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Skier's Thumb

This is a ligament injury involving the thumb. It is also called Gamekeeper's thumb. Although the injury can happen by a number of ways but classically it occurs while skiing when thumb is bent backwards causing the Ulnar collateral ligament to rupture or sometime a small piece of bone is pulled off by the ligament.

Sypmtoms and Signs

The injury causes pain around the middle joint of the thumb particularly on the side of the index finger. There is swelling and bruising and inability to use the thumb. Examination reveals tenderness on the side of the thumb where the ligament is ruptured. There may be a small lump which often suggests that the ligament may not heal unless surgical repair is carried out. On stressing the joint the thumb can be moved sideways much more than is normally possible.

An x-ray may show a small fracture on the side of the thumb.


Skier's ThumbWhen ligament rupture is partial, a splint may be used for a period of 4 weeks and then exercise is encouraged and gradually increased. Most complete ruptures are also treated in plaster cast and splint if they are not displaced or turned over (Stener Lesion). When examination reveals a lump, this means that the ligament is displaced and repair is necessary. In doubtful cases, an ultrasound may be required to show the type of rupture.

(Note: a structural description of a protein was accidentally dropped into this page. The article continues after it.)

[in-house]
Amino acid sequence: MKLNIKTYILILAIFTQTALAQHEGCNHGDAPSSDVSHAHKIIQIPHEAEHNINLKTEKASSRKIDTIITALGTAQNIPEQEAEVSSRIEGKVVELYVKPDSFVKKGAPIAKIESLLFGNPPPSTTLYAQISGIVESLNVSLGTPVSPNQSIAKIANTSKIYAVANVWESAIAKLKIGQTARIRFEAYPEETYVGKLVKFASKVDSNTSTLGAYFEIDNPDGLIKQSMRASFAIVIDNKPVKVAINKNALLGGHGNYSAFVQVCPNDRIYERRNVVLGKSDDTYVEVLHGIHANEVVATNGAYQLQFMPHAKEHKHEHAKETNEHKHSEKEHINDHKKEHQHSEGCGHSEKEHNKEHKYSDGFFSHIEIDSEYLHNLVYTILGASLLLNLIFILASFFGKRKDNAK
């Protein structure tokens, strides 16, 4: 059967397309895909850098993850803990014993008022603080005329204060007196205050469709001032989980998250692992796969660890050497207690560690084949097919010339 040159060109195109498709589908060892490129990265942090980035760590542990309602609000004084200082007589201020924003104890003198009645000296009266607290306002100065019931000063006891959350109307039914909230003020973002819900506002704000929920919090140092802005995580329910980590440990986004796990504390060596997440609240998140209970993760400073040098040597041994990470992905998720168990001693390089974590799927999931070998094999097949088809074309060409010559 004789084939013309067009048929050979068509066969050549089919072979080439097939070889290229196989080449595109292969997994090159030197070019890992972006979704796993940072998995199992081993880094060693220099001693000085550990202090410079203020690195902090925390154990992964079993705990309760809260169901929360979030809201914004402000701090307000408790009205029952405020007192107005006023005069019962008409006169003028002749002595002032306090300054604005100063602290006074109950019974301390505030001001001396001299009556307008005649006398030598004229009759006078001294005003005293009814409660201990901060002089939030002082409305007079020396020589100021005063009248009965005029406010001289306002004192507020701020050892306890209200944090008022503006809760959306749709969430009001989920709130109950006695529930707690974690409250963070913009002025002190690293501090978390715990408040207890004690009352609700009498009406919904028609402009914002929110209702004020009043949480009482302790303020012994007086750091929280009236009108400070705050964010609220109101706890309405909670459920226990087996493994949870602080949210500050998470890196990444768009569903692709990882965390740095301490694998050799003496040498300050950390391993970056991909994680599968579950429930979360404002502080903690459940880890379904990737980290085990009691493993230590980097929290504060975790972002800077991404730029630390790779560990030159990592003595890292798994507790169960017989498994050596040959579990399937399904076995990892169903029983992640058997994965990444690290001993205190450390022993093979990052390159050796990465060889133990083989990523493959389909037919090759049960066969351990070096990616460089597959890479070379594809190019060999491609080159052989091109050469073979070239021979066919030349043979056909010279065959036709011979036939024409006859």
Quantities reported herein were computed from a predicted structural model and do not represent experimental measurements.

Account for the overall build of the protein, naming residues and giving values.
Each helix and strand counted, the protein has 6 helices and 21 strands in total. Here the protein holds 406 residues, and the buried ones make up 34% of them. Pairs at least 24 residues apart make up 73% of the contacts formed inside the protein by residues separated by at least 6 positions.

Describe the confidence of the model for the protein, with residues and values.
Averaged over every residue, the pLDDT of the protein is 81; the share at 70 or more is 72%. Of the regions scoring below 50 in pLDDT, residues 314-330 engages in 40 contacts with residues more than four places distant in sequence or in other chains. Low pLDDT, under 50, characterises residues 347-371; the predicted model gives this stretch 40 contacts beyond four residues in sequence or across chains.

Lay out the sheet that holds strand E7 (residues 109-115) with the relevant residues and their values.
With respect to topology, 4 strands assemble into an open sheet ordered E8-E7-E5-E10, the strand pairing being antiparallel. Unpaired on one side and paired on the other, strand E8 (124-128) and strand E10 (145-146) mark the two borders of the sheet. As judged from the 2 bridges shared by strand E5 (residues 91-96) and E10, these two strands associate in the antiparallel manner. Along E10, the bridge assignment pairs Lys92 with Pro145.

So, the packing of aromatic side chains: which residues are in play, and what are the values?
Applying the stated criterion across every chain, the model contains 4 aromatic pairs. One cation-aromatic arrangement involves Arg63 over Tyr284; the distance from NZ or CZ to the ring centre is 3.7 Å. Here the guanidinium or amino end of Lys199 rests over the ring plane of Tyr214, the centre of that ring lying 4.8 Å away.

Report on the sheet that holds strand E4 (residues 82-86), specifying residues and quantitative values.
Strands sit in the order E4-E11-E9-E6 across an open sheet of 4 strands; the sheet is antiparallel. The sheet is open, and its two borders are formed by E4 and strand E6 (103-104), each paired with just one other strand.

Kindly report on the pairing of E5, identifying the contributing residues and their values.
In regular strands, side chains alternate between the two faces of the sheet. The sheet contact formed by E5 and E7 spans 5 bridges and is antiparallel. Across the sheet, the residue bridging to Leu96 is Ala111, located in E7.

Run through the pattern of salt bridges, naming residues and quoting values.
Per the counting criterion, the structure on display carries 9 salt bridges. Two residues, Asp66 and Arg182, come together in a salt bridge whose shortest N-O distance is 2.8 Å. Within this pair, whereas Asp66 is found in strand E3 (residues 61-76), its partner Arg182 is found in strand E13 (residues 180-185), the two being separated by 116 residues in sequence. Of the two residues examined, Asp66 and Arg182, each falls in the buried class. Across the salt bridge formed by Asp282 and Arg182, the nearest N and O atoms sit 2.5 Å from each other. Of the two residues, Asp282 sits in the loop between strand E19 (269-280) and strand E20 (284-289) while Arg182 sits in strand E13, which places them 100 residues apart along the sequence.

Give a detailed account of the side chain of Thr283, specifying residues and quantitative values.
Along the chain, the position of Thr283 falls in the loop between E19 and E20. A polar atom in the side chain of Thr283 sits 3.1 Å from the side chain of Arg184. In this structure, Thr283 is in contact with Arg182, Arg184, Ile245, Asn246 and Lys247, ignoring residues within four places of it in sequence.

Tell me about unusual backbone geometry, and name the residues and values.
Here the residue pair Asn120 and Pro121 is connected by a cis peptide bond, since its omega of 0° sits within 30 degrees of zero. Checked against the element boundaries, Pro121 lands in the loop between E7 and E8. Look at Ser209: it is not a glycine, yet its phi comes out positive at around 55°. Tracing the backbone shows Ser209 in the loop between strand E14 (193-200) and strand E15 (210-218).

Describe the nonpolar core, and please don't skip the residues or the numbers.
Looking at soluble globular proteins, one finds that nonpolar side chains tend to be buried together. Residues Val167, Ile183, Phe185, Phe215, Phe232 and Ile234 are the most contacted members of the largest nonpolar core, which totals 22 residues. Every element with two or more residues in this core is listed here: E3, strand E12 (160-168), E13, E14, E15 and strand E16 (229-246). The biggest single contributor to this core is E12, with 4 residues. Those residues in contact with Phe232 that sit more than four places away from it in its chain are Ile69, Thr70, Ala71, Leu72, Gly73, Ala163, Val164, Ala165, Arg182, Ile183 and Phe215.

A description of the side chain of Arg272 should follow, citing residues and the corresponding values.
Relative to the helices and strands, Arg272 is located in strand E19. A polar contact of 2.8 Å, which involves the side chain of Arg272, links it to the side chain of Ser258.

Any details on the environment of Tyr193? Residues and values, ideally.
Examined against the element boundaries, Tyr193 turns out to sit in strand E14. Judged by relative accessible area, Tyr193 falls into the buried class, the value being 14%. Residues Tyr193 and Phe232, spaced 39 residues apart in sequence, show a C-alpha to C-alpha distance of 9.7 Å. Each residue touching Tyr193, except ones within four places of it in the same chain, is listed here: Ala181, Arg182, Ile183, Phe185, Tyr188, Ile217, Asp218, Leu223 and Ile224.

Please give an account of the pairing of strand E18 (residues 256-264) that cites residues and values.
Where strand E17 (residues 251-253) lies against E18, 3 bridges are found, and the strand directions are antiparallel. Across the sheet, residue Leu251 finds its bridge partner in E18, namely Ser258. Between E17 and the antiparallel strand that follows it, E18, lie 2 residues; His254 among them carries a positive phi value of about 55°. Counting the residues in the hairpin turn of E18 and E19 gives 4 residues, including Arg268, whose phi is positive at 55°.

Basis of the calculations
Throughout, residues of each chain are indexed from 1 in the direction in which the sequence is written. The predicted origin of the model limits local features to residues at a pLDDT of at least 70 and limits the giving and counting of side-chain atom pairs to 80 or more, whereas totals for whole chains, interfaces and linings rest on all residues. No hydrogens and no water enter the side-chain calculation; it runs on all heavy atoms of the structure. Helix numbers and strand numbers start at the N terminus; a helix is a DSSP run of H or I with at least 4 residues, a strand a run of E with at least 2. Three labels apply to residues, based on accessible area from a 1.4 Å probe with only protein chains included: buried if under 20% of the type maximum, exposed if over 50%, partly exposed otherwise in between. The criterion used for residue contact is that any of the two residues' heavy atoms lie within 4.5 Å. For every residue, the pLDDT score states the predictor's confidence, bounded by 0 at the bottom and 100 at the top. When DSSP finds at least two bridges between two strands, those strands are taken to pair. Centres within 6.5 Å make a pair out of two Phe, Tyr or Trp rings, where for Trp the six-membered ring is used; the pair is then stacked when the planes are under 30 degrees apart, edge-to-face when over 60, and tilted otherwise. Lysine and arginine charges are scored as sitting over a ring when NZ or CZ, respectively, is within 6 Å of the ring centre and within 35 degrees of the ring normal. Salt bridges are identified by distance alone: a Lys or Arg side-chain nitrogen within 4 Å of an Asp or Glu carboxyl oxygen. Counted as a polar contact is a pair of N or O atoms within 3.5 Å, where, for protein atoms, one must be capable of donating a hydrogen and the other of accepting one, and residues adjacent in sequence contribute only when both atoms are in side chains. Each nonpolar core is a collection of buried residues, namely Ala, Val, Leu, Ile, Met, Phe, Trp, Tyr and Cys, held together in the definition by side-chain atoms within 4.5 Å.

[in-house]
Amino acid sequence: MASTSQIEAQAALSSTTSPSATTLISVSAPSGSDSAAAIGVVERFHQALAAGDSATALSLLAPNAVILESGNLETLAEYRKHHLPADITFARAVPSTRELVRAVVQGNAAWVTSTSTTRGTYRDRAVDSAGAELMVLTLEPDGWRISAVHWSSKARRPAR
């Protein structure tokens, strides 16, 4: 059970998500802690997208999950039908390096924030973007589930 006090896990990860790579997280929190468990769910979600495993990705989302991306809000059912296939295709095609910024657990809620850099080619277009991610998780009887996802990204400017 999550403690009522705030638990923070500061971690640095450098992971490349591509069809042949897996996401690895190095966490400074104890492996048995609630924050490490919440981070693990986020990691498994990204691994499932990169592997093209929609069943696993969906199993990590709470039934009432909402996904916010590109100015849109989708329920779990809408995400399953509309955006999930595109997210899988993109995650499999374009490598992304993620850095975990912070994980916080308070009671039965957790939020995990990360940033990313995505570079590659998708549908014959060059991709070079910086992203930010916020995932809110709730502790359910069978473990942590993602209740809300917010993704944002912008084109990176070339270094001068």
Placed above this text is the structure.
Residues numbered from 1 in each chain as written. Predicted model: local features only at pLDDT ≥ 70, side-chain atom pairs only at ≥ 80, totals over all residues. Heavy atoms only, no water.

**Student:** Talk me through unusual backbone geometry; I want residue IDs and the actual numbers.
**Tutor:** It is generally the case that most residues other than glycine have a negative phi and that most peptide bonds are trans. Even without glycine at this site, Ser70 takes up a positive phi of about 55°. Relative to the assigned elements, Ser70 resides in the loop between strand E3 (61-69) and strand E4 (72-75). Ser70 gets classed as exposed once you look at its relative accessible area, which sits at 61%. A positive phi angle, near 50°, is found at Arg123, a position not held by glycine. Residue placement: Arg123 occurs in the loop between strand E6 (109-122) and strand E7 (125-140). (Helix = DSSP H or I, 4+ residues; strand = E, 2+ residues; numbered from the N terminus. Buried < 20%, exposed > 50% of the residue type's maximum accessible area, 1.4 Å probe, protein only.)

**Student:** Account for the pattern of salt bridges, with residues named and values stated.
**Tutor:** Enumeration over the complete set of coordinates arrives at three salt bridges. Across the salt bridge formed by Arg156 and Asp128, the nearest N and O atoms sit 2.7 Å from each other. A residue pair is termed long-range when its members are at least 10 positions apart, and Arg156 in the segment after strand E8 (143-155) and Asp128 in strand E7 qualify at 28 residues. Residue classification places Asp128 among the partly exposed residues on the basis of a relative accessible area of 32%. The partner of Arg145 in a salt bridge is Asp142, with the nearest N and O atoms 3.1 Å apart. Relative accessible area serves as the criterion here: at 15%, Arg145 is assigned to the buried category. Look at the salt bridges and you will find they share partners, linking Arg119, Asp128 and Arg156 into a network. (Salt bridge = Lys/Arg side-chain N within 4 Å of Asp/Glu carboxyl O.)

If non surgical treatment is decided then a plaster cast for 4 weeks and followed by a splint for a further 2 weeks is used. Regular examination and checks are done to make sure that healing is progressing satisfactorily.

Surgical repair is best done in the first 2-3 weeks. The ligament is repaired using an anchor. A plaster cast is applied after repair and followed by a splint and after 4 weeks, gentle bending is allowed which is gradually increased.

Chronic Ligament Rupture

If several months have passed since ligament injury then the thumb may remain painful after activity and there is weakness when attempting to grip or hold a key firmly between thumb and index finger. Examination confirms that the ligament is deficient and operation may be required.

The result of late operation is not as good and requires use of a tendon as a graft to reinforce the damaged ligament.

In very long standing cases where there may be evidence of some arthritis in the joint, the best operation is fusion of the MCP joint of the thumb. This will get rid of the ache and pain and strength is restored. Function of the thumb, despite the loss of some movement, is excellent.

Nasser Hyder
FRCS (Trauma & Orth)
Consultant Trauma and Hand Surgeon

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